What is the secret of the man? Is he the greatest humorist since Rabelais or is he utterly devoid of humor? Examine any one of his more conspicuous mountebankeries and you will find it explicable upon either ground, but upon no other. For example, his campaign for the Vice Presidency. Either he is so full of animal spirits that he is able to step back and laugh at himself, heartily and uproariously, even when suffering the sharpest humiliation, or he has no more sense of humor than a vice crusader. Which is it? I give it up.
But whatever the answer, I presume to enroll myself among the humblest of the hon. gent.’s supporters and well-wishers. He may be over-noisy at times, he may show a constant bad taste, he may comport himself more like a side-show spieler than a statesman--but he always given a good entertainment. The audience never goes to sleep while he is leaping the elephants and going through the hoops. When he performs upon the great contrabass syllogism in B flat windows are broken at a distance of 30 miles. When he struggles into his martyr’s chemise and rattles his zinc halo sympathetic freshets go roaring down a thousand streams.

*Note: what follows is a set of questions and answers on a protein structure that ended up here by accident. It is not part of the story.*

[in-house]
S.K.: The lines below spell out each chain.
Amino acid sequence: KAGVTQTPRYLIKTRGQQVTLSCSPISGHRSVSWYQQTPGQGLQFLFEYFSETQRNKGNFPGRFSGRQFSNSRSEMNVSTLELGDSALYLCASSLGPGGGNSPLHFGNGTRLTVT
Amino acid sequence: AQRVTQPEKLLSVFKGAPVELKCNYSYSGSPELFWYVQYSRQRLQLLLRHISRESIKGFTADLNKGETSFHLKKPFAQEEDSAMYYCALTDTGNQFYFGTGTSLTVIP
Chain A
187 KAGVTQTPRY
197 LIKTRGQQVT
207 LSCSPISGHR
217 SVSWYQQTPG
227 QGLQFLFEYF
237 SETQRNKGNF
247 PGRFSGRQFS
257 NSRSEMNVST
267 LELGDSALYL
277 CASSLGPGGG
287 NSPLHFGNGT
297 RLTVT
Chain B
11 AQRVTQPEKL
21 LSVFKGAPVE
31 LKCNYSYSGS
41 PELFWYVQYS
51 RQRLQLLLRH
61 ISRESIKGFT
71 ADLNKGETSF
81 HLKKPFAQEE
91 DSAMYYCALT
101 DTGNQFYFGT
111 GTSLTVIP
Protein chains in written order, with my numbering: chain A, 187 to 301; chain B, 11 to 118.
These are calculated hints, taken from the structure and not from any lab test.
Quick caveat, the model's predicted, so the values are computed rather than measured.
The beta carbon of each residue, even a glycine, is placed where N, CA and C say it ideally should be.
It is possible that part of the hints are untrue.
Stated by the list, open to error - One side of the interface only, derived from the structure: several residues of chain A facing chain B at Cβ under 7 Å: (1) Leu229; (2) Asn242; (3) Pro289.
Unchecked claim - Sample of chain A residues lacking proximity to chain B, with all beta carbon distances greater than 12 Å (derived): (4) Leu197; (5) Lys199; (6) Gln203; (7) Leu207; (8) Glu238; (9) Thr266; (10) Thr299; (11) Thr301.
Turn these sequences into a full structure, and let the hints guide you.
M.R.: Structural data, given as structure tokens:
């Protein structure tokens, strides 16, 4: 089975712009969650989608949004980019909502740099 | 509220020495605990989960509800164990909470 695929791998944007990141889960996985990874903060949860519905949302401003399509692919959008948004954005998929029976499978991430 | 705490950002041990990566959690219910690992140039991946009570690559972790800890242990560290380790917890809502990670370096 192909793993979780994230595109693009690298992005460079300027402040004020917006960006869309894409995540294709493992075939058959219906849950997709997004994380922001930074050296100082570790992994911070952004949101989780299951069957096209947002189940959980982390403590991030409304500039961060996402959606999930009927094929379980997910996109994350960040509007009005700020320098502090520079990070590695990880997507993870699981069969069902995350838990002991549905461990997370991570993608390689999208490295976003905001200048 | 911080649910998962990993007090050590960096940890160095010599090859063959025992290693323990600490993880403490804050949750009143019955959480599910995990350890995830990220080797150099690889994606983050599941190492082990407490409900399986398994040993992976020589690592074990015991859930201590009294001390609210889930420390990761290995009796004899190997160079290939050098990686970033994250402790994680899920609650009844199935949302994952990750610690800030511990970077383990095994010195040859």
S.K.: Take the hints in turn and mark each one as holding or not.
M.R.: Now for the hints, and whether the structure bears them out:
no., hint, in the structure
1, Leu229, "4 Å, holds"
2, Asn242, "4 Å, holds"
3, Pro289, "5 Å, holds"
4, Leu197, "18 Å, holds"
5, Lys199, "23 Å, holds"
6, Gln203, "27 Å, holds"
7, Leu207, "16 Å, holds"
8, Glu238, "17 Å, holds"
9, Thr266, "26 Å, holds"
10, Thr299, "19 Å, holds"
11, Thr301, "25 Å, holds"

His sigh is a hullaballoo, His whisper a horrible yell.
And, in particular, he shines at the noble science of murdering the newspapers. When he lands upon them, something gives. When he merely makes faces at them, they break out into hectic rashes. Murdering the newspapers is no new invention. It has been practiced for years and years. It has produced great professors, virtuosi, genii–Blease, Lorimer, Dowie, Ruef, Sam Jones, Bailey, Billy Sunday. But not one of these has surpassed the super-Mahon. Not one could teach him a new hold, a new bellow, a new route to the solar plexus. Not one could weep as he weeps; not one could whoop as he whoops. He is the Beethoven of the science. He has lifted it to the dignity of what the learned Sunpaper calls the bozarts. And he makes his virtuosity pay.